He sometimes wondered if he was just a real life stress toy in her mind. Something she pulled out when life wasn't going her way. To remind her of some old lesson learned.

He only knew she hadn't sought him out this time. This was his chance for initiation.

He watched as she swallowed two more drinks, and on the next sweep of the bar, it was his turn to beckon the bartender, slipping him a fifty and specific instructions along with a scribbled upon napkin. The bored-looking man raised his eyebrow and nodded before moving off to fulfill his requests. Now, he would wait.

Her face always told a story, she was more expressive than most, and he watched her confusion build as the bartender slid the tall glass of water in front of her instead of her fourth painkiller. At her descent into protest, the other man held up his hand in surrender, informing her he was just the messenger. It was then he handed her the napkin.

Confusion melted away to show distress. Her eyes darted up from the napkin and all around the bar, scanning and searching. By the time her glance landed on his barstool, it was too late, he'd vacated for a closer view.

"It's an open offer, Ace," he said from behind her, his words deposited directly into her ear.

"What are you doing here? You live," she began as she swiveled around to face him, shaking her head in disbelief. He noted her hands were also trembling as she still held his soft note.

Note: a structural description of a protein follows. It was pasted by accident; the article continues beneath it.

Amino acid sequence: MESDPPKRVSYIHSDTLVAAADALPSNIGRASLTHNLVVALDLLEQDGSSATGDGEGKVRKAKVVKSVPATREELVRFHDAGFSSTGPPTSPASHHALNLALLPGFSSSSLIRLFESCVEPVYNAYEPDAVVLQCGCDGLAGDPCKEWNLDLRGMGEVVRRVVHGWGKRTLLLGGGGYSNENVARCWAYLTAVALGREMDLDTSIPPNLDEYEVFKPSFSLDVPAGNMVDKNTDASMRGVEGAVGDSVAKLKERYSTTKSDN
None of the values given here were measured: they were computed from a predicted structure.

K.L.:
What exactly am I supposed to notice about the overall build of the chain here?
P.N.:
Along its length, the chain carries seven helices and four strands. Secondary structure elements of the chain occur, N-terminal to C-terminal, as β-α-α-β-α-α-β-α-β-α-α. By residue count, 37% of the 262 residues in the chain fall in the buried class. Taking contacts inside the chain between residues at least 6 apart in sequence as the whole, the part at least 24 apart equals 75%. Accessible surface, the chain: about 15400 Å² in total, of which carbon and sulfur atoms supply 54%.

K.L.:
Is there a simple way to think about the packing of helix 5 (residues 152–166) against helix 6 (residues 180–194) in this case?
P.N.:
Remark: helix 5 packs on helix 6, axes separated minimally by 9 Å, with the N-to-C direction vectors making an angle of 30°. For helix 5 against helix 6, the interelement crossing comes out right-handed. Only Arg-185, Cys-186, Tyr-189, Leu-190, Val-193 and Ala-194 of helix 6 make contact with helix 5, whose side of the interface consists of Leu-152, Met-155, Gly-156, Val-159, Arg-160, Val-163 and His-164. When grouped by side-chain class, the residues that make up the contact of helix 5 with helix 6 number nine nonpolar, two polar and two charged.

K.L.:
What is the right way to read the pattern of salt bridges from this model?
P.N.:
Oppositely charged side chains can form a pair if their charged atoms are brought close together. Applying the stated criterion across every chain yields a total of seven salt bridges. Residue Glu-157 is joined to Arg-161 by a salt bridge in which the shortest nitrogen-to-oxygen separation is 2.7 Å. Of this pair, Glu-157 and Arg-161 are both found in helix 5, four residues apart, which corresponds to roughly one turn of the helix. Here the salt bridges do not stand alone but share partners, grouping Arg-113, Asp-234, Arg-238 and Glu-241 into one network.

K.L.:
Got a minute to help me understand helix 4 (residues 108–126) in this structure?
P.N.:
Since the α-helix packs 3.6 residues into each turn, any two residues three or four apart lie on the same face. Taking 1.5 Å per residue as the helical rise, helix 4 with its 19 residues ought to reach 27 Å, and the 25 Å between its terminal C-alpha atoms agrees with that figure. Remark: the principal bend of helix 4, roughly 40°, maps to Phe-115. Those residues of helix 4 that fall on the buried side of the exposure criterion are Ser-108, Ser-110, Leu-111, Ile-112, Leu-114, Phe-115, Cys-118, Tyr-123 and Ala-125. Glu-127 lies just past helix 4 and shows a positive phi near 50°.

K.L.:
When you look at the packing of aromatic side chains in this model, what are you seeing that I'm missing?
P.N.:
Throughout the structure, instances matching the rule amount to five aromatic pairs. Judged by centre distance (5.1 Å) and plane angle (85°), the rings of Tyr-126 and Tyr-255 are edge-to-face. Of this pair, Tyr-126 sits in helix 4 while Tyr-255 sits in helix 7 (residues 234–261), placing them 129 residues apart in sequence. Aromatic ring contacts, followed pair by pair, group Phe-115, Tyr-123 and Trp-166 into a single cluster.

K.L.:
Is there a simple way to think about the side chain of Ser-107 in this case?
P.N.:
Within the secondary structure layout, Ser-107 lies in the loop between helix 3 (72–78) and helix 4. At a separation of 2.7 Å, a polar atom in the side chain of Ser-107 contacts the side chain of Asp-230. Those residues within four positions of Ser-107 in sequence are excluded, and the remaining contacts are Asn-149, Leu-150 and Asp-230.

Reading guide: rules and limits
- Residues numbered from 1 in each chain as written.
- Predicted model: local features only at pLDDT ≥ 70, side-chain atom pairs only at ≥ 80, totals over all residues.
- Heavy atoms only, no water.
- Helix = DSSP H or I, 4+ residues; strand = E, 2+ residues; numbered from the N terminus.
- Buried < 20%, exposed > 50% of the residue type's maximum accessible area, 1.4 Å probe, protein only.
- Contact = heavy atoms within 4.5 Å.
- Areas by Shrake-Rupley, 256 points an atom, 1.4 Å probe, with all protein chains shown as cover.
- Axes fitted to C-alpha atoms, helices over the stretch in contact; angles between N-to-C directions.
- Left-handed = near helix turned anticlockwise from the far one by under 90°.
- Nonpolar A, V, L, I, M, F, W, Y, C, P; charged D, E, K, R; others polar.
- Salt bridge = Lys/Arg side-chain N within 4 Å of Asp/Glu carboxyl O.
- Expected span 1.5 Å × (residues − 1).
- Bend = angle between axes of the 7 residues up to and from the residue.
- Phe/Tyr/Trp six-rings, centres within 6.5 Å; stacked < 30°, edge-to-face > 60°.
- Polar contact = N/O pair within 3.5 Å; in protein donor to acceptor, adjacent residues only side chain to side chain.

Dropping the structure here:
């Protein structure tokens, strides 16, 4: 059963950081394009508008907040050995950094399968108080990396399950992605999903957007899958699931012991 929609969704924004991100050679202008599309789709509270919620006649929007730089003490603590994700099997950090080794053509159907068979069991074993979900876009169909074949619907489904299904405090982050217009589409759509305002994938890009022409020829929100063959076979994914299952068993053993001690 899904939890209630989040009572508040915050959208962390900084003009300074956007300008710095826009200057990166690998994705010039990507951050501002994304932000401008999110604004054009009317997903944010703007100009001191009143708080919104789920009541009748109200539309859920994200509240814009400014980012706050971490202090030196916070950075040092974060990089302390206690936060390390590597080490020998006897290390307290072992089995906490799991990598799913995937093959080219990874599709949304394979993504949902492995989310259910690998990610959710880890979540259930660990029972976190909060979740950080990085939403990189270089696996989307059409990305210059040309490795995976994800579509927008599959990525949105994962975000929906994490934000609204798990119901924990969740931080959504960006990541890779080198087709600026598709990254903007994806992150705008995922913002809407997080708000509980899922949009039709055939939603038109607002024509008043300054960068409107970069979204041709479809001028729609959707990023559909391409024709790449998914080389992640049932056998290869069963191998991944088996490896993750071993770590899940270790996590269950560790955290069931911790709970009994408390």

"I work downtown," he cut her off, not wanting to make her ask. He revealed nothing she couldn't have assumed on her own.


"I assume you won't tell me anything as to what brought you here?" he paused, her answer in her recast gaze, fixated now on the opening door to the establishment. "But will you turn down a warm cab ride and an even warmer bed?"

Head-on collision. She met his gaze and the stirrings of compliance were present. He saw the wild look, the need, the hurt, everything. It was all there.

She nodded, tucking his note in her purse as he threw money down to cover her tab. She walked quickly ahead of him, hailing the cab, not needing to turn around to know he was right behind her, ready to go another round without explanation.

It was the next morning, sunlight streaming through his window as he groped at his blaring alarm, that he found it. Laying where his misplaced dreams had positioned her sweet face was the bar napkin that he'd sent over to her the night prior.

I think it's high time you slowed down and considered another kind of nightcap. As much as angry works for you, you need to find an outlet for all that aggression. Just a suggestion.

He saw new writing, in lipstick no less, just underneath his scrawl.

Such truer words were never uttered.

He got the feeling she was writing him off, or trying to, once again. Sighing, he tossed the covers back and wondered how long he'd have to wait until the next time.